People have until December 8, 2017, to voice their arguments agaisnt the upcoming tests. To submit a comment, DHS requested the public to email [email protected], or mail comments to S&T CBD Mail Stop 0201, 245 Murray Ln SW, Washington, DC 20528-0201.
Residents in the area are worried about the idea of chemical tests so close to their daily lives. Jill Wineinger began a petition on Change.org asking for 1,500 signatures. At the time of this article, the petition had gained over 1,200 signatures.
In the petition’s description, Wineinger claims the test area is barely one mile away from where children go to school. Wineinger also voices her shared environmental concerns.
Dear Department of Homeland Security,
Recently it has come to our attention that you are planning a test of inert Chemicals and Biological Stimulant Materials at our sacred Chilocco Indian School site.
Our children go to school barely 1 mile away from Chilocco. We grow the crops in that area that feed our Nation. We live our lives in the community. There are Churches, an Elementary school, casinos, and many residential homes in very close proximity to Chilocco. We are extremely concerned about the effects that unknown testing can have on our groundwater and air quality. We are simply concerned about long term pollution. We have not one, but two major rivers that flow within a few miles from there. Thousands of people from our area and surrounding areas go to play right next door. This area may not seem very populated to you but this is our land, our water, our air, and our crops.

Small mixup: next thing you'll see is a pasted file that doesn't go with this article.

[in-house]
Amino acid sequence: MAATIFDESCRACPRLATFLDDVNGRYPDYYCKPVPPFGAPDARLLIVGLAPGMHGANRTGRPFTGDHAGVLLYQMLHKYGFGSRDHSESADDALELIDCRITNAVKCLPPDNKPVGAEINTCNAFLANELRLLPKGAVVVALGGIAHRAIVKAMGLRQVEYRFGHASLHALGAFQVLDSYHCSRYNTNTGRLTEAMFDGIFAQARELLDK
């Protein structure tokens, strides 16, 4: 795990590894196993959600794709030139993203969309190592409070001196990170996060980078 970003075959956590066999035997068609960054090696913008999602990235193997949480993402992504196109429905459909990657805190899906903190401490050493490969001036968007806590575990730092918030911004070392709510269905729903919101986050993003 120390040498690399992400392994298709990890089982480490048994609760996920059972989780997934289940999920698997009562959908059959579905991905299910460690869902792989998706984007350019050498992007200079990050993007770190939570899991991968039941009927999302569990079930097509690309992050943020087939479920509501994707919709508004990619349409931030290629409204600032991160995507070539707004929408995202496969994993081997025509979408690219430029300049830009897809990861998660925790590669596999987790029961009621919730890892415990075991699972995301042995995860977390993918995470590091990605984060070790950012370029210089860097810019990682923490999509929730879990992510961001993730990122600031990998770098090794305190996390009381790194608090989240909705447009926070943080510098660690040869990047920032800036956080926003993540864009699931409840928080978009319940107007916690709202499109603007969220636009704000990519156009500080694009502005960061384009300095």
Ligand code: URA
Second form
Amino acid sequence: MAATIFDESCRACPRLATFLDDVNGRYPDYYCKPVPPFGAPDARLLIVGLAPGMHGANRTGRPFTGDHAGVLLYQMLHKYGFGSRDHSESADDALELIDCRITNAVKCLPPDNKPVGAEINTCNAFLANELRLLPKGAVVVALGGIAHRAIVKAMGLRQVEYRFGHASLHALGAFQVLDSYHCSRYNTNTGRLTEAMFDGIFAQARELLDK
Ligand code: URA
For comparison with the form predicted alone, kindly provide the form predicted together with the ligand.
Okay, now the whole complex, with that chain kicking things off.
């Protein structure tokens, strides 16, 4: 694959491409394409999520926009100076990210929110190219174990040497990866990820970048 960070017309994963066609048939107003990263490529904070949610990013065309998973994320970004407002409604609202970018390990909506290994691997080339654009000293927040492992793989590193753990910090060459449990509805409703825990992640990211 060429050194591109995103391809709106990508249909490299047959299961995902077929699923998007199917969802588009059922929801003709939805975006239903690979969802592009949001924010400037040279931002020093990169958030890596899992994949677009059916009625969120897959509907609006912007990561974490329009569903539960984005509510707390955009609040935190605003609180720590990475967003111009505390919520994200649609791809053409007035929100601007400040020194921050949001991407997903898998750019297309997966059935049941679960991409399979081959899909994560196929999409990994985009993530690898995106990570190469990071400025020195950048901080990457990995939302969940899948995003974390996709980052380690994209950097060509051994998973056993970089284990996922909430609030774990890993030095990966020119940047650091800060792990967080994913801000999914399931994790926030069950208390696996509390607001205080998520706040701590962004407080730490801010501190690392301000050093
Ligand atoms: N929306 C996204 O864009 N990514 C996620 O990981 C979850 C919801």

We are simply opposed to any plan of any testing of chemicals in this area. There is no way that you could possible know the long term effects that this may have on our community.
PLEASE, stop the testing. Save the lives of our children and grandchildren.
We hope this letter gets to you long before December 8th, 2017.
Environmental Assessment Draft
According to the draft of the environmental assessment, “Particulate matter will be released as dry or wet aerosols at release Positions A and B. Wet aerosol dissemination will be performed using purified water that will rapidly evaporate upon dispersal. Dispersion rates during a release will maximize up to 60 grams of particulate matter per minute over a 10-minute time period, for a total dispersion up to 600 grams (1.3 lbs).”